Summer will soon be gone and fall weather will bring changes in temperature, molds and ragweed to the environmental. Mix in some back-to-school mingling and you’ll end up with a set of symptoms such as runny nose, cough and fever, which could be caused by a common cold or a more severe sinus infection.
How to tell the difference?
The July issue of AAP News (www.aapnews.org) discusses some helpful tips to help parents decide when and if they need to visit their pediatrician. Colds are caused by a virus. Sinusitis occurs when the infection is produced by a bacteria and it usually follows a viral cold, but it may also present after persistent, severe, allergy symptoms. In other words, a sinus infection can happen any time we have large production of mucus inside the nose and we have difficulty draining it.
Colds produce a runny nose with mucus that starts clear and then becomes cloudy or colored. Colds may include a fever that lasts one to two days, but symptoms improve on their own in 10 days.
There are three types of sinusitis:
Persistent: Runny nose, daytime cough (can worsen at night) or both last for 10 days and do not improve.
Severe: fever over 102.2 degree F – lasts for at least 3 days in a row. Mucus is thick and cloudy or colored.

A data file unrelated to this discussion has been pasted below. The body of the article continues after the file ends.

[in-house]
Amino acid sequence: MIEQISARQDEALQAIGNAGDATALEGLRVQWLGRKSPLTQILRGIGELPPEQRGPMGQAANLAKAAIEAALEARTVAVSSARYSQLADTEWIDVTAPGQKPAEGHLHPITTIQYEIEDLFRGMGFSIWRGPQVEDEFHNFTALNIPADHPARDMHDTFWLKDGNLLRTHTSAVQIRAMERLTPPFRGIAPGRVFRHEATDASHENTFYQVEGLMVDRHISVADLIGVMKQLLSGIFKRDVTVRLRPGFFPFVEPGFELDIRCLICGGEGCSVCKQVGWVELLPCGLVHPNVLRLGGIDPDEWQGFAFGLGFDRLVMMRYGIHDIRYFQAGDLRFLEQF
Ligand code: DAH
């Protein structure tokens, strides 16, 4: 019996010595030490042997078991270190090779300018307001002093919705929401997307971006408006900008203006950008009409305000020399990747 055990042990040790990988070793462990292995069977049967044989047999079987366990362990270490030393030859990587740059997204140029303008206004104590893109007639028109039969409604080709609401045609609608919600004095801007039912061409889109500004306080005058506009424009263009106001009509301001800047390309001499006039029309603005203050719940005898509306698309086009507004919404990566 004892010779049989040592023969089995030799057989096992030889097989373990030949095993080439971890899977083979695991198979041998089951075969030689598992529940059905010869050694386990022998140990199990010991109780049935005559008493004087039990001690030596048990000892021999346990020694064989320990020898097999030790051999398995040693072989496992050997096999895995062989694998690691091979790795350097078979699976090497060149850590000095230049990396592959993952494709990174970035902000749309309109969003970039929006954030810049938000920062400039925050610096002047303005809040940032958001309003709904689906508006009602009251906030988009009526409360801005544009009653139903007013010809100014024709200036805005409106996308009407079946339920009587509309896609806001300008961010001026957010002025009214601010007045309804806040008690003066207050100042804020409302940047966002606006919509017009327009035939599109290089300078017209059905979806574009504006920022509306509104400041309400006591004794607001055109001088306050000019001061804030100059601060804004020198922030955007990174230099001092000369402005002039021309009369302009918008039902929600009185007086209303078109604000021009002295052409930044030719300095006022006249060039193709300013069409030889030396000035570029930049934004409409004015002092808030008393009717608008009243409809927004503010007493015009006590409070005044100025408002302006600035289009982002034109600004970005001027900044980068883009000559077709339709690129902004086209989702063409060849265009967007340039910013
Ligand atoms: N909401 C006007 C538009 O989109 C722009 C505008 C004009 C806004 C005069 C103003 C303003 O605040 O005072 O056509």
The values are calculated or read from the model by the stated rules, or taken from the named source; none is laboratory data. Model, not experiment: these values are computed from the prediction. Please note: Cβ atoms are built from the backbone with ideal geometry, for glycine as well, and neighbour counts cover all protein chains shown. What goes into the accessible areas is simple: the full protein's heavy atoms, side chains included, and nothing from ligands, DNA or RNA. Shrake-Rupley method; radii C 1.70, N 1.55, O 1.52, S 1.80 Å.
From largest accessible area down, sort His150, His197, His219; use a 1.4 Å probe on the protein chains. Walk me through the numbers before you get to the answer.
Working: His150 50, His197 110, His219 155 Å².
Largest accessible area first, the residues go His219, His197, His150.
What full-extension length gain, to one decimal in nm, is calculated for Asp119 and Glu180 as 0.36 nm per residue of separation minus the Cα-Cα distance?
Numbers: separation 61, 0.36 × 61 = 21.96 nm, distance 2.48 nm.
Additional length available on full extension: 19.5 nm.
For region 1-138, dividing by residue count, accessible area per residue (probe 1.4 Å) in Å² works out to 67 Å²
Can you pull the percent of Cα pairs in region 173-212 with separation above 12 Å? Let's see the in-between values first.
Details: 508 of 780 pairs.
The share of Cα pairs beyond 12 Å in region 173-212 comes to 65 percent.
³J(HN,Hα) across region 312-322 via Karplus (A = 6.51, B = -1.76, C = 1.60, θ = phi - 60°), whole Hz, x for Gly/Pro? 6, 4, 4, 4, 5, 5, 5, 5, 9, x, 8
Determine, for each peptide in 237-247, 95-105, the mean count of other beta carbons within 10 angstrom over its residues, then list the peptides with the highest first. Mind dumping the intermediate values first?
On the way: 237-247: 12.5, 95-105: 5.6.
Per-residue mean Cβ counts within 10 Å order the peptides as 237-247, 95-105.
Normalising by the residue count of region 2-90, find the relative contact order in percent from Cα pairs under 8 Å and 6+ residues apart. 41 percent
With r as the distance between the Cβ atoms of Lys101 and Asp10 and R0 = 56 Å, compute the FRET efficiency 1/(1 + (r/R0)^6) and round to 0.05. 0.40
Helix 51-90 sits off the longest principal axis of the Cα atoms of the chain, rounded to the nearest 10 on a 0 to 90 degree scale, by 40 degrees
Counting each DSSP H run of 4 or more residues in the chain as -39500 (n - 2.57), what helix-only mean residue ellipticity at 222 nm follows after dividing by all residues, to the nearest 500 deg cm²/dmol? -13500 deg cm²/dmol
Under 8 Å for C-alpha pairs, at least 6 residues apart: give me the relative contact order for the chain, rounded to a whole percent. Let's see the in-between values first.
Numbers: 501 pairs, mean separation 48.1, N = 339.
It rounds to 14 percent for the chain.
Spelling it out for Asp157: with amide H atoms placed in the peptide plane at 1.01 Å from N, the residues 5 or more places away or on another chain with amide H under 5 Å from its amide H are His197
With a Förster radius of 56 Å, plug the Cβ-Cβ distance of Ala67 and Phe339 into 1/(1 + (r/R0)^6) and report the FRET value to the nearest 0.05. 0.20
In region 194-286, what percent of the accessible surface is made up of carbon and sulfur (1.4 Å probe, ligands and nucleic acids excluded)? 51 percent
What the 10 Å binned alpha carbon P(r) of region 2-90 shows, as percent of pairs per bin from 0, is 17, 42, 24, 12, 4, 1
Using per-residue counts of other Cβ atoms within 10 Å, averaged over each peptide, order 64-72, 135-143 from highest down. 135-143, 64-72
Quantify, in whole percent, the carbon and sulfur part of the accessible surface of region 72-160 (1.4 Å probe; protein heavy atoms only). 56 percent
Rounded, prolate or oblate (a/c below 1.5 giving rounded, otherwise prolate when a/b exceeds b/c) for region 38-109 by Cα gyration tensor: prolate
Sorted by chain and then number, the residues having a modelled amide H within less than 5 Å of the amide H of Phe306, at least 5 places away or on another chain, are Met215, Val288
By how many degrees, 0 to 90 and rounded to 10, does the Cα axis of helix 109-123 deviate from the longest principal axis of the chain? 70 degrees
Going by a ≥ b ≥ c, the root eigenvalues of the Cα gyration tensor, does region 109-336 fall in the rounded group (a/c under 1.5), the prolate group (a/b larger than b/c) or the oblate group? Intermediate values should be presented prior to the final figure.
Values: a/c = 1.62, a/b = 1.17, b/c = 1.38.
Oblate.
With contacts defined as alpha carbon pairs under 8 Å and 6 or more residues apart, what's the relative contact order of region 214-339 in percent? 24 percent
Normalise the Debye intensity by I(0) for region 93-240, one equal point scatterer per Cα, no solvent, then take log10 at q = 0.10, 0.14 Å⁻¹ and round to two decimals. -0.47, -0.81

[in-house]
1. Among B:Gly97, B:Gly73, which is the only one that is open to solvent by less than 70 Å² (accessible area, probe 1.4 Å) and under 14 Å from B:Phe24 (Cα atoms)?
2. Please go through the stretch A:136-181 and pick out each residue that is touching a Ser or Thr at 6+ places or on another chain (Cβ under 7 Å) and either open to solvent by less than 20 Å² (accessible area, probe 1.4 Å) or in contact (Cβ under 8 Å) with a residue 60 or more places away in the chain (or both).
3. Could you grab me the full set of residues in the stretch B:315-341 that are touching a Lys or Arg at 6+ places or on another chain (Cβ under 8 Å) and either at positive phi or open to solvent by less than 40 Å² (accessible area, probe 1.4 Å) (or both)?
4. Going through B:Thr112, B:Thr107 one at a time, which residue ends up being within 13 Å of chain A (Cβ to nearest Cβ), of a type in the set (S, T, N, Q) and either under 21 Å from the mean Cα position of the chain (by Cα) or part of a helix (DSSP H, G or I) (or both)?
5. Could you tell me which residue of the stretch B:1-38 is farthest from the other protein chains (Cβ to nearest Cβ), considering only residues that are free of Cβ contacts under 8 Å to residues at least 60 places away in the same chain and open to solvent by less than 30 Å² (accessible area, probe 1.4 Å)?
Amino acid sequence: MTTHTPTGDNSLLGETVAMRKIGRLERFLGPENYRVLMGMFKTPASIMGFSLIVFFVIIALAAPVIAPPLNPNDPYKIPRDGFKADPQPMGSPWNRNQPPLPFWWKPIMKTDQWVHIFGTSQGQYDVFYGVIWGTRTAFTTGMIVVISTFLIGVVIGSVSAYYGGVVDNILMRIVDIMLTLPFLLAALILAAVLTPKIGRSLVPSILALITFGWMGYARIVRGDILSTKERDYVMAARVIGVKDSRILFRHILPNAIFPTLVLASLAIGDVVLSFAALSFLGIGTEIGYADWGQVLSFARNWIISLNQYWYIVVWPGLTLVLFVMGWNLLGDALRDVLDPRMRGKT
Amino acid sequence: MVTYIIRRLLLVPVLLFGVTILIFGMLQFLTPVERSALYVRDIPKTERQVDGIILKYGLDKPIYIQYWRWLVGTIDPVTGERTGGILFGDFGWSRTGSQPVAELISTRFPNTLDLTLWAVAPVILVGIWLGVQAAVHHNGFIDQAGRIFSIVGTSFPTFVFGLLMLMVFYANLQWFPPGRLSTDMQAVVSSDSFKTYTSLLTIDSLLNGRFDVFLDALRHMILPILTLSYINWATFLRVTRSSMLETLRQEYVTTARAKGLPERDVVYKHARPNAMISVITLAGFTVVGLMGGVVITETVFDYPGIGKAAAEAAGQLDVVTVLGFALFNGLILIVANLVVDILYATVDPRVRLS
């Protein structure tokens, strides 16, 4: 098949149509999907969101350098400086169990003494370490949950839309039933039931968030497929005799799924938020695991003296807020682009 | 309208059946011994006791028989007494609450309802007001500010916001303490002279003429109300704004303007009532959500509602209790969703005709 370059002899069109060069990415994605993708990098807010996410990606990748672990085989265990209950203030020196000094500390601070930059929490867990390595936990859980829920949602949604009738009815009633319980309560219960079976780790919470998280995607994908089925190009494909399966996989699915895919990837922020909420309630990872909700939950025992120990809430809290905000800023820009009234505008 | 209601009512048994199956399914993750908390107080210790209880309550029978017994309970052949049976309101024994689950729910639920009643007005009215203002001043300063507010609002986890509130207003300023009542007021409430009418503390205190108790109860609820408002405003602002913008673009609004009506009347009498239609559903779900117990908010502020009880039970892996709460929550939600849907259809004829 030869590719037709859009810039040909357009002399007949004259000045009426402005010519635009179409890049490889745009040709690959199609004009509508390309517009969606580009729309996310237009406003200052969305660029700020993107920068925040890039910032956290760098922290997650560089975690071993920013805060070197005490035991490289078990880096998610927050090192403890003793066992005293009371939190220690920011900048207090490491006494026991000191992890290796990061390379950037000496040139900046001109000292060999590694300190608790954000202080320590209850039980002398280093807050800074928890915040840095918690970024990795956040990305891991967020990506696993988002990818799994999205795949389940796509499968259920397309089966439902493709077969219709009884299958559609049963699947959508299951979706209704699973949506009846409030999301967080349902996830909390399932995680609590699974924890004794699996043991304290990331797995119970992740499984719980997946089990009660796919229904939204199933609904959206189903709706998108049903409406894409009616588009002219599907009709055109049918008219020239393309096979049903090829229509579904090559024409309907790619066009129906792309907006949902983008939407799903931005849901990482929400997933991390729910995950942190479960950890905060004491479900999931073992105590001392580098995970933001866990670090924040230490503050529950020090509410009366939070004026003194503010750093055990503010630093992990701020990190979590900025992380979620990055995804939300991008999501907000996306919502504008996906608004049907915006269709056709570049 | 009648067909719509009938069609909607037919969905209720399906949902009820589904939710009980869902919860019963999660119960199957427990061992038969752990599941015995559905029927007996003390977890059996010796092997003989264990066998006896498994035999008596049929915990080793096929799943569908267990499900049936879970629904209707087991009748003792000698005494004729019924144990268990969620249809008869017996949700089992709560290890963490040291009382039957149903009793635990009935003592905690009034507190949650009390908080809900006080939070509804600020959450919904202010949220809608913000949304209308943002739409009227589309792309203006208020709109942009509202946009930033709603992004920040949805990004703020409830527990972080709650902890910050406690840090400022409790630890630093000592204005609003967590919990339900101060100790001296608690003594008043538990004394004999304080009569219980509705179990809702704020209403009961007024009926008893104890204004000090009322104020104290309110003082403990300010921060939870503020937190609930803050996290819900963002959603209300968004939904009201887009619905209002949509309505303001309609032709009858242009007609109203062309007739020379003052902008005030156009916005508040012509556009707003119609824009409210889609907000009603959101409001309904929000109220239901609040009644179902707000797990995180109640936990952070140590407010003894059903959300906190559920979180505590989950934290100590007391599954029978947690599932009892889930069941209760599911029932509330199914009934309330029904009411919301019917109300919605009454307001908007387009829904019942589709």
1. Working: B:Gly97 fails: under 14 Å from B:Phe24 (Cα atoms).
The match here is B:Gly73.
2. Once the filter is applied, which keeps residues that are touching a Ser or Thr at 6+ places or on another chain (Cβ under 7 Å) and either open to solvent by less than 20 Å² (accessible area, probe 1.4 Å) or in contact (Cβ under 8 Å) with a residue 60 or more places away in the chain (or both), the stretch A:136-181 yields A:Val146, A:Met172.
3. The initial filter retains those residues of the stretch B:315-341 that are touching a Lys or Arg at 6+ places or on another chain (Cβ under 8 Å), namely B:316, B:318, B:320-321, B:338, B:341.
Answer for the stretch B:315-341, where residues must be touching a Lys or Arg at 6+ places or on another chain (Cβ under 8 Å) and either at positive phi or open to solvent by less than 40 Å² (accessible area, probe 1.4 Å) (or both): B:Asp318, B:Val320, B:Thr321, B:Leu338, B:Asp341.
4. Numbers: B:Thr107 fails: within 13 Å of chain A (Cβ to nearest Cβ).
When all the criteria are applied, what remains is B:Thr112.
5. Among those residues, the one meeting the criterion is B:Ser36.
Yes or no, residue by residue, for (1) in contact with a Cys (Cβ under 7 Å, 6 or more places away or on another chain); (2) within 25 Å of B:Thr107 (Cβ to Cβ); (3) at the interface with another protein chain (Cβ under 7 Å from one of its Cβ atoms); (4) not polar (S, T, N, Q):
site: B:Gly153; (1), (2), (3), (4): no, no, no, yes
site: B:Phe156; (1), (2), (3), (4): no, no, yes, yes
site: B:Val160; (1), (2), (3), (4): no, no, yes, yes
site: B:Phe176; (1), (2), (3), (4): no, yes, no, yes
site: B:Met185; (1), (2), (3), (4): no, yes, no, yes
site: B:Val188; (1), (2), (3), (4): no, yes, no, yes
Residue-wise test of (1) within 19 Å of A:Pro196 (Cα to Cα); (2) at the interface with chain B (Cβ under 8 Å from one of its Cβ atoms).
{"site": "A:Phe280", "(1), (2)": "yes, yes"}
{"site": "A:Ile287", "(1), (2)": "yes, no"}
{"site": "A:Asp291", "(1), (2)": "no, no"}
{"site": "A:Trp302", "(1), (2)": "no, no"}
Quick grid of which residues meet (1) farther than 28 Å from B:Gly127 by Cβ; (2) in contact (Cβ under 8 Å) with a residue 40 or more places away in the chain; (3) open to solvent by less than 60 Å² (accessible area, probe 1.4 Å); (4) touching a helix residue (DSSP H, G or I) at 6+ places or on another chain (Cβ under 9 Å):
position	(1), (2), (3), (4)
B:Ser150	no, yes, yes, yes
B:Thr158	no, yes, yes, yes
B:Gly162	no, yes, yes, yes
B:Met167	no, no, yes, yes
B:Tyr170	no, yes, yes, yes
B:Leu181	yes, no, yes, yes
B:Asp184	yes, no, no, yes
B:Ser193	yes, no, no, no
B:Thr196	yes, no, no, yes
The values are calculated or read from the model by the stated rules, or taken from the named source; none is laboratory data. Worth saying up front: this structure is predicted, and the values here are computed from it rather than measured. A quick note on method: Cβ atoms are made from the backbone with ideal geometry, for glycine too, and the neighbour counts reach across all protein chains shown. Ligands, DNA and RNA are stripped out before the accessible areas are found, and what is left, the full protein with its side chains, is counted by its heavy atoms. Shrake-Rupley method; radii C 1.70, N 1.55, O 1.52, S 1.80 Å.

Worsening: A cold starts to improve, but fever returns or daytime cough or runny nose gets worse.
Children with persistent sinusitis may be observed to see if they improve on their own, or they may take antibiotics if they are particularly uncomfortable. All kids with severe or worsening symptoms should take antibiotics to help them recover faster.
Like any medication, the use of antibiotics may produce side effects such as vomiting, diarrhea, upset stomach, skin rash, allergic reactions and yeast infections. Your pediatrician will provide advise and use his/her experience to decide the best course of action. Whenever you have a question about your child’s illness, talk to your pediatrician.
PEDIATRIC CENTER OF ROUND ROCK.